Angelic #1 Review

Written by: Simon Spurrier

Art by: Caspar Wijngaard

Published by: Image Comics

When I was young, someone told me a fable/parable/metaphor about gorillas. I don’t remember who told me this. I don’t remember why they told me this. And I don’t remember what it was supposed to relate to in real life (possibly government?). It obviously wasn’t very effective as an analogy. But the story itself stuck with me for some reason, so here goes:

Imagine a room with five gorillas in it. Let’s call them Gorillas #1-#5. In the middle of this room, there is a pedestal with a banana on it. Any time one of the gorillas tries to touch the banana, they all get an electric shock. It doesn’t matter which gorilla goes for the banana–all five gorillas get shocked. Eventually they all learn not to touch the banana. After they’ve all learned this, turn off the shock mechanism, take Gorilla #1 out of the room and replace him with a new gorilla (Let’s call him Gorilla #6). When Gorilla #6 goes for the banana, the Gorillas #2-#5 will stop him, but Gorilla #6 will have no idea why they’re doing this. Eventually, he’ll just stop trying to get the banana.

Now take out Gorilla #2 and replace him with a new one (Gorilla #7). Gorilla #7 will go for the banana, Gorillas #3-#6 will try to stop him. Now, Gorillas #3-#5 do this because they remember the shock. Gorilla #6 will only do this because he’s following the lead of the #3-#5, and because it was initially done to him. Repeat the process over and over and you’ll have five gorillas who have never been shocked, and are in no danger of being shocked, all preventing any newcomer from touching a banana.

That’s it. That’s the story. Let’s set aside the animal cruelty, the endless supply of gorillas, and the fact that there would be no reason to do this other than sadism or weird nineteenth-century psychology studies. (Let’s also ignore my instinct that says gorillas wouldn’t actually act this way.) I think the point is: Given enough time, reasonable practices become ritualized, so that the practice itself becomes sacred whether or not the reason for doing so remains valid. (This makes way more sense regarding religion than politics or government, but it was definitely not told to me about religion. Like I said, I have no idea why this story was told to me. Perhaps one day, I’ll tell it to my children without ever knowing why and the process can self-fulfill.)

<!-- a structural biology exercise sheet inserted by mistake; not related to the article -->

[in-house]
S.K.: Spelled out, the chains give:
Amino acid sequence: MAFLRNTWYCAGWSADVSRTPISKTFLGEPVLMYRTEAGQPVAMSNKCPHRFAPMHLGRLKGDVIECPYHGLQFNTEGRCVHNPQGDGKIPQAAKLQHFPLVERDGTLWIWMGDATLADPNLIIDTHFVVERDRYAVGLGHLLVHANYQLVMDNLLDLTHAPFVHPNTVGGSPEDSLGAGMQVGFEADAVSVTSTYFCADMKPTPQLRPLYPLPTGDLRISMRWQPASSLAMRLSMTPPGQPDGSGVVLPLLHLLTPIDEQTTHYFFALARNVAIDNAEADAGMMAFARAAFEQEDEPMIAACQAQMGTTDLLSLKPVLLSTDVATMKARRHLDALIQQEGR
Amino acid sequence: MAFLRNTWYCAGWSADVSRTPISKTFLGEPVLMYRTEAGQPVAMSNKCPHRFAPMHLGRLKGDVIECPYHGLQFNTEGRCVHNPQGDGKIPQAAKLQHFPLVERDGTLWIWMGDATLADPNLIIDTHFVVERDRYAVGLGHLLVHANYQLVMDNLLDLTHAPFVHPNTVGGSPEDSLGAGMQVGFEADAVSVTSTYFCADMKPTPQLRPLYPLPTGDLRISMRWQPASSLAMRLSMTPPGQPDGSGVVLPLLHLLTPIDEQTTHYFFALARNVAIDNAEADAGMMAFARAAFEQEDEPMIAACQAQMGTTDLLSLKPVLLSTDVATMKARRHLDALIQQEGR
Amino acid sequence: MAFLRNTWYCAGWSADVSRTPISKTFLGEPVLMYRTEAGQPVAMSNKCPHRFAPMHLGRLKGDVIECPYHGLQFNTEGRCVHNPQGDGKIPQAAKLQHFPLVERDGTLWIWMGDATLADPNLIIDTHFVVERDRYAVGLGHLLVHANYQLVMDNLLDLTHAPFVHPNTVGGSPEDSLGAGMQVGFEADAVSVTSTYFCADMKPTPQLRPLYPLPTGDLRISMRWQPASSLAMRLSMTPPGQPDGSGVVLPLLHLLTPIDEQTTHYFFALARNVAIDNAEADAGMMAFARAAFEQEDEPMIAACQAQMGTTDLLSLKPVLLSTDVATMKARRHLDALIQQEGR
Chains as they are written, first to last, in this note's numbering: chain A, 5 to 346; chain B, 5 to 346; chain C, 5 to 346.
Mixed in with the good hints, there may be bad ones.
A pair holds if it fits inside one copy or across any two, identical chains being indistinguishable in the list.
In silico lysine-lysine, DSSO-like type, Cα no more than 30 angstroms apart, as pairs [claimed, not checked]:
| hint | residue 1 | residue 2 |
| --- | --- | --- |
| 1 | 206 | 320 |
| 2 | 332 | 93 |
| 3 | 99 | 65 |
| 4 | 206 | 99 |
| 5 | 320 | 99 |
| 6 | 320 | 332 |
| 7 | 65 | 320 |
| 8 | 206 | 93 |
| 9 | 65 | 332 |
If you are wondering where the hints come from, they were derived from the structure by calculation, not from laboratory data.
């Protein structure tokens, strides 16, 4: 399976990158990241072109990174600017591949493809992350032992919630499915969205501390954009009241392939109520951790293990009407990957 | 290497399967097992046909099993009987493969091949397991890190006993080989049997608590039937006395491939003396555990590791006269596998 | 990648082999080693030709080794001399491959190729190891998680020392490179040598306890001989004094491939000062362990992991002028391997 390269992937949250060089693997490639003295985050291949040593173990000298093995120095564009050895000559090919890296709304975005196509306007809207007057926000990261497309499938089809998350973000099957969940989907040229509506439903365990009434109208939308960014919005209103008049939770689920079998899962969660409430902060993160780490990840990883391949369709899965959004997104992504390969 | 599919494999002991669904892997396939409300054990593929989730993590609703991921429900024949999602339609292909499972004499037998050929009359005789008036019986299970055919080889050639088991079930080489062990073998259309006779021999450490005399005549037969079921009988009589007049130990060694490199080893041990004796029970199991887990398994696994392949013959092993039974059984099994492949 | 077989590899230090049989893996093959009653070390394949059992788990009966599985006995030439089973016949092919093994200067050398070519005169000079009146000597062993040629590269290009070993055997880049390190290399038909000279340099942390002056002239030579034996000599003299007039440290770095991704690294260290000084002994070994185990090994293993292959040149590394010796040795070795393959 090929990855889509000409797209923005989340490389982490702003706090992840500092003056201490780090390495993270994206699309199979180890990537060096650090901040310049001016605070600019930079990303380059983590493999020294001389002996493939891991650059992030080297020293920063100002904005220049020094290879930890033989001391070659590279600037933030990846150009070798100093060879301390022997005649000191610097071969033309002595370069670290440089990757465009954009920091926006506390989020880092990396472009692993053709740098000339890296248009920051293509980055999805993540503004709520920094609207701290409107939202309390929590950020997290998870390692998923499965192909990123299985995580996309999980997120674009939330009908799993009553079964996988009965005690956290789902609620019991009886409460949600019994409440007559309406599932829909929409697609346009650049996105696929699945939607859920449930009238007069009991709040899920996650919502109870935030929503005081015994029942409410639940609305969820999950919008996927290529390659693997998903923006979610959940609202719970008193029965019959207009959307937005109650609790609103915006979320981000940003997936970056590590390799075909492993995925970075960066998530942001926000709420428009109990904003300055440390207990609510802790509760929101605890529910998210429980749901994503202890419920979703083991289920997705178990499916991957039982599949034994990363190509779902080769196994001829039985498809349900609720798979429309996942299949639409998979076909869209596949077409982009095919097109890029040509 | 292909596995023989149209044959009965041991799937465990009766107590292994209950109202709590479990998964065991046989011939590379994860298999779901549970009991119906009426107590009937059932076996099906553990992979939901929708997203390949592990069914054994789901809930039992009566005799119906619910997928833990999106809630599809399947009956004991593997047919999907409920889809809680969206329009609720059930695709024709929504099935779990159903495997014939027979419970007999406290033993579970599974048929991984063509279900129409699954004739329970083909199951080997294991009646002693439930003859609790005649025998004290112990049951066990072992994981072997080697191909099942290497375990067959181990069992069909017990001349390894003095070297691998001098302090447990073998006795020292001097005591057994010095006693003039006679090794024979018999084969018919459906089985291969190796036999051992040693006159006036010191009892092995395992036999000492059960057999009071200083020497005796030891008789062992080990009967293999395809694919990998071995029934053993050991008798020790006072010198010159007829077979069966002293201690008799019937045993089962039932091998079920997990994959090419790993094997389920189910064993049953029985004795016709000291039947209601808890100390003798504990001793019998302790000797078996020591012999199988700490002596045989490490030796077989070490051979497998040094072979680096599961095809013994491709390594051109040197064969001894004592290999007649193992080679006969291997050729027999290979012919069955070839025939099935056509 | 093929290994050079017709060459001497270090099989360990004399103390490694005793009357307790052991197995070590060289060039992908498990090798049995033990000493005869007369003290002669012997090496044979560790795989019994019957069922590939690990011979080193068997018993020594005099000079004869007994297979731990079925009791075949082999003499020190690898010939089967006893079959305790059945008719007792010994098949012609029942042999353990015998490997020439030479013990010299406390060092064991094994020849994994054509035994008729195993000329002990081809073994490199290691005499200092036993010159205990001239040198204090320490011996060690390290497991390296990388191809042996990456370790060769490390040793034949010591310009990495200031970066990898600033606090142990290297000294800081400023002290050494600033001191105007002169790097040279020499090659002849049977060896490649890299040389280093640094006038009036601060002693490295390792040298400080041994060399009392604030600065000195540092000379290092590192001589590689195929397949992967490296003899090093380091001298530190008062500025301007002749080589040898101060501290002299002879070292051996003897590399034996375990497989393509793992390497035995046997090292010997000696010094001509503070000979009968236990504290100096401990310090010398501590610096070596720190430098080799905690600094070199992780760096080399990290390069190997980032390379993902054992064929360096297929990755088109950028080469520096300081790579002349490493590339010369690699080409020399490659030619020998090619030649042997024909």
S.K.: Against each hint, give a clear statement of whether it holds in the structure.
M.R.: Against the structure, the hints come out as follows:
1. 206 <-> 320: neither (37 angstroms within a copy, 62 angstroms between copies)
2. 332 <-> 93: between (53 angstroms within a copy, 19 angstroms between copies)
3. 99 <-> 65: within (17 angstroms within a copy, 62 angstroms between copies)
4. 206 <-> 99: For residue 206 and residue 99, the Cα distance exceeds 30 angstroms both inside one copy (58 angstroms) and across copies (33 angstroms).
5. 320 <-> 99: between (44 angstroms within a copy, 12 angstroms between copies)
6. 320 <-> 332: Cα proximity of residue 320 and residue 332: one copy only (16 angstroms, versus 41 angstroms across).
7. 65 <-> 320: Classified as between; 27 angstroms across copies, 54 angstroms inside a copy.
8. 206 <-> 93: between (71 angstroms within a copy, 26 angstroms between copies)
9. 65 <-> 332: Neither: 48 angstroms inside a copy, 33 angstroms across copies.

Anyway, I tell you that story because that, in a nutshell, is the premise of Angelic. Mankind is (presumably) no longer living on Earth. Monkeys (Chimps? I don’t know. I’m not an anthropologist) have built a society based largely on rituals that have been handed down through generations, and it’s not clear (to the monkeys as well as the reader) why these rituals are being performed. The monkeys also have wings. Qora, an adolescent female monkey, questions these rituals and her predetermined role in society.

There are also dolphins with jetpacks that seem to be the monkeys’ adversaries. Then there are cats with laser eyes, hermit crabs with human skulls for shells, and unintelligent birds. So the birds are largely unchanged. And there are a lot of references to poop, because the monkeys seem to be about as intelligent as middle-schoolers and this is how they swear.